Stepping into John H. Conway's office at Princeton University is like stepping into a mathematician's playpen. Dozens of polyhedra made of colored cardboard hang from the ceiling like mirror balls at a discotheque. Dangling among them is a Klein bottle constructed from chicken wire. Several models of crystal lattices sit beside the window, and a pyramid of tennis balls rises from the floor. At the center of it all is Conway himself, leaning back in his chair, his face obscured by oversize glasses and a bushy, gray beard. The eclectic 61-year-old mathematician is clearly in his element.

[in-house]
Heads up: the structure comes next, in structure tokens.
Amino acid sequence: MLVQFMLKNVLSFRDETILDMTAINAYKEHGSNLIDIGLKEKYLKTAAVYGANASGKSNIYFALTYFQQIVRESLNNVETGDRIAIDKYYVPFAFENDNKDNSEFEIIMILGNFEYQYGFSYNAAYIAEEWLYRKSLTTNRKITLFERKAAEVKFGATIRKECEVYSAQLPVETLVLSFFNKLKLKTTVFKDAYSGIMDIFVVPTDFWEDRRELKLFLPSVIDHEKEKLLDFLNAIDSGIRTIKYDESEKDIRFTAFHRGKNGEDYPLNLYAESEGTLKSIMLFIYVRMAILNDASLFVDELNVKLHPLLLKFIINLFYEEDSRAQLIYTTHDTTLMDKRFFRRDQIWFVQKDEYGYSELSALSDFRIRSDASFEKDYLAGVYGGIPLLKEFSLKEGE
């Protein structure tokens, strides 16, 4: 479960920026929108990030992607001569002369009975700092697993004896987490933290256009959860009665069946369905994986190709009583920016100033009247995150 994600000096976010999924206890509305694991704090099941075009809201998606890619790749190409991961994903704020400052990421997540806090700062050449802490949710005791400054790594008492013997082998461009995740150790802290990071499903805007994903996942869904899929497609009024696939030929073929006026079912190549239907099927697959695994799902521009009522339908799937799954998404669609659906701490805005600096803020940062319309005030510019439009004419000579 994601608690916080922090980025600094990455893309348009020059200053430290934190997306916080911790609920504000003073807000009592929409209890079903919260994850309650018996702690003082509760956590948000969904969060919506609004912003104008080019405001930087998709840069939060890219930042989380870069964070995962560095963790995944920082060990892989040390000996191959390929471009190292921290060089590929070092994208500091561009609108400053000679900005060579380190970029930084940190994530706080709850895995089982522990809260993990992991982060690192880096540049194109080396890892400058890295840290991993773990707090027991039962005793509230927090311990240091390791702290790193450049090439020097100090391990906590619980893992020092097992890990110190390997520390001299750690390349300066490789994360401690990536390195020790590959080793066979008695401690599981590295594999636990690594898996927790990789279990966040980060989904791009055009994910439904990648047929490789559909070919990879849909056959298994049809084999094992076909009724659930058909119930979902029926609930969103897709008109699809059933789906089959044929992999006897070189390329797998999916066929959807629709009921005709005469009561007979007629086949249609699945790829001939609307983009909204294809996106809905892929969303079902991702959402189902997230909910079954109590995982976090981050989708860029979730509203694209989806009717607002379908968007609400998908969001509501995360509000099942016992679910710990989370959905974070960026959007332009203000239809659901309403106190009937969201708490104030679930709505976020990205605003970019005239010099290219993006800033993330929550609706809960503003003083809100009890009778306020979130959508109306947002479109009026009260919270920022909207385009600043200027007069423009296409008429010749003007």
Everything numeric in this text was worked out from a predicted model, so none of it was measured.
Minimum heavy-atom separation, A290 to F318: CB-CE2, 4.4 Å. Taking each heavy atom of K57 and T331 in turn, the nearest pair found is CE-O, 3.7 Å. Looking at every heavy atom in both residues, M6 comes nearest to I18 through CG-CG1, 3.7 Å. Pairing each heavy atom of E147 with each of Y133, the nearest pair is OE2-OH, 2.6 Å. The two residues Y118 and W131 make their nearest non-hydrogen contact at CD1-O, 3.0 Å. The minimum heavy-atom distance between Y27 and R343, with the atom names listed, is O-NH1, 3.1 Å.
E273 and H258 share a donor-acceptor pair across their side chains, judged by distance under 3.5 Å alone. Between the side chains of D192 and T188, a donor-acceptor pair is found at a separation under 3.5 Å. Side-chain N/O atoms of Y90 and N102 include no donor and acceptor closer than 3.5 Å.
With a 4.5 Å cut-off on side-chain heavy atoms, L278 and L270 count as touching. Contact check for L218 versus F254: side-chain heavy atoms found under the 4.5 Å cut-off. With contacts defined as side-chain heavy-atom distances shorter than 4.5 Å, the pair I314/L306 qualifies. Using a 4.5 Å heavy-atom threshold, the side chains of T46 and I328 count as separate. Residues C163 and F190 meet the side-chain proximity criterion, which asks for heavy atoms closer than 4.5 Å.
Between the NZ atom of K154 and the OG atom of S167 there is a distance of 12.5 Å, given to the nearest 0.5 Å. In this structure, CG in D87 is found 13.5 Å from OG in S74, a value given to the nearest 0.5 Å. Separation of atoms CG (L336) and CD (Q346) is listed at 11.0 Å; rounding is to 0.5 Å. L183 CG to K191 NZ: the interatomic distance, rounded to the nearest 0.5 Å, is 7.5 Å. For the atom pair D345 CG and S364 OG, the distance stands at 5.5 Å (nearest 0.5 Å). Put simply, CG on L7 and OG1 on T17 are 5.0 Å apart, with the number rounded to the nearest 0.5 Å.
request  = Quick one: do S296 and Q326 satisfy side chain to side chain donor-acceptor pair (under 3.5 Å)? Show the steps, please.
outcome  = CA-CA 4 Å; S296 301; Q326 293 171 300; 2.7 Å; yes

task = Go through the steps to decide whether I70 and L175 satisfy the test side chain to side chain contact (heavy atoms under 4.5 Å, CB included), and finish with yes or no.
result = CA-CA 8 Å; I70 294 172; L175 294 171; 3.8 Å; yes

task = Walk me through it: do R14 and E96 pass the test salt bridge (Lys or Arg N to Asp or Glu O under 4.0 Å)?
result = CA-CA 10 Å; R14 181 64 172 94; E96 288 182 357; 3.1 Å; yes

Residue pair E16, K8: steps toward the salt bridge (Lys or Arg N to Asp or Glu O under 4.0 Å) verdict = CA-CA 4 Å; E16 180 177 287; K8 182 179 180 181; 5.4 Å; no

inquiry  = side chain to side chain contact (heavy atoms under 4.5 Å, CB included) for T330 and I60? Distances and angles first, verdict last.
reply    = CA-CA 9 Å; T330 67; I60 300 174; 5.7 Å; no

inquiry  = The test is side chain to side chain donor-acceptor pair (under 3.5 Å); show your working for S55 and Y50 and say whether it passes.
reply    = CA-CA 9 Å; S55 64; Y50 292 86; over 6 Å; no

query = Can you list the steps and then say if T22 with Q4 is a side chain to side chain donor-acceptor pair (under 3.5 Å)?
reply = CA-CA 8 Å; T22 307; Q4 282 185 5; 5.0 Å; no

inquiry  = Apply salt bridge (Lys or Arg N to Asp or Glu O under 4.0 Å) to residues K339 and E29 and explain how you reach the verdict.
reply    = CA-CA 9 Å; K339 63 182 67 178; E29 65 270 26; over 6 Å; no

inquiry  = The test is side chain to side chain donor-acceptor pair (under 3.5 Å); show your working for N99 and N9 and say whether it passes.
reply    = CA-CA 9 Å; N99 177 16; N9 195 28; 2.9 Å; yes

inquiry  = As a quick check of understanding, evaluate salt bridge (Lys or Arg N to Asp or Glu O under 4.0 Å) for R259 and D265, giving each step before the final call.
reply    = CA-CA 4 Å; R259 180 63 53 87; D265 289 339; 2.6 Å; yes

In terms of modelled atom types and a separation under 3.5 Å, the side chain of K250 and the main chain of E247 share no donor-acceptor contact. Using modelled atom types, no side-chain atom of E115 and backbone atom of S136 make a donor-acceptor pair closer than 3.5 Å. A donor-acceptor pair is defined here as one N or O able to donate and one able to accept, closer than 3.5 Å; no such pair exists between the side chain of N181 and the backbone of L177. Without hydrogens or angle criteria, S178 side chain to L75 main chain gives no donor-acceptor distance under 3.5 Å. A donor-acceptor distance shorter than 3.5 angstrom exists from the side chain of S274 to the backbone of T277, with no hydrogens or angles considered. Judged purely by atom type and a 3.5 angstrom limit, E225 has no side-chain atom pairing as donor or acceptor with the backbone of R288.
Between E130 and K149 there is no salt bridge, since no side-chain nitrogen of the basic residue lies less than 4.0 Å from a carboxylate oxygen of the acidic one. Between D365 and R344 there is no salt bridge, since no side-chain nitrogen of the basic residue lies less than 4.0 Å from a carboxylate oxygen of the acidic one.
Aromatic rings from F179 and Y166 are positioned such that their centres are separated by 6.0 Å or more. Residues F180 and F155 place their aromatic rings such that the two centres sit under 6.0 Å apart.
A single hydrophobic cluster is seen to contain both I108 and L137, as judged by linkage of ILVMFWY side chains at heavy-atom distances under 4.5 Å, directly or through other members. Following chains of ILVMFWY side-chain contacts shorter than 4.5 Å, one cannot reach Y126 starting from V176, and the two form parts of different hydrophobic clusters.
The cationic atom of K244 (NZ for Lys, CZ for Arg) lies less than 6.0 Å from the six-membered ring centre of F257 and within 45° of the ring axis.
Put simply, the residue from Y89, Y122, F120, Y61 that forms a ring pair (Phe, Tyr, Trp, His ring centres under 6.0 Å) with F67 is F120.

"What's your date of birth?" he asks me soon after we shake hands.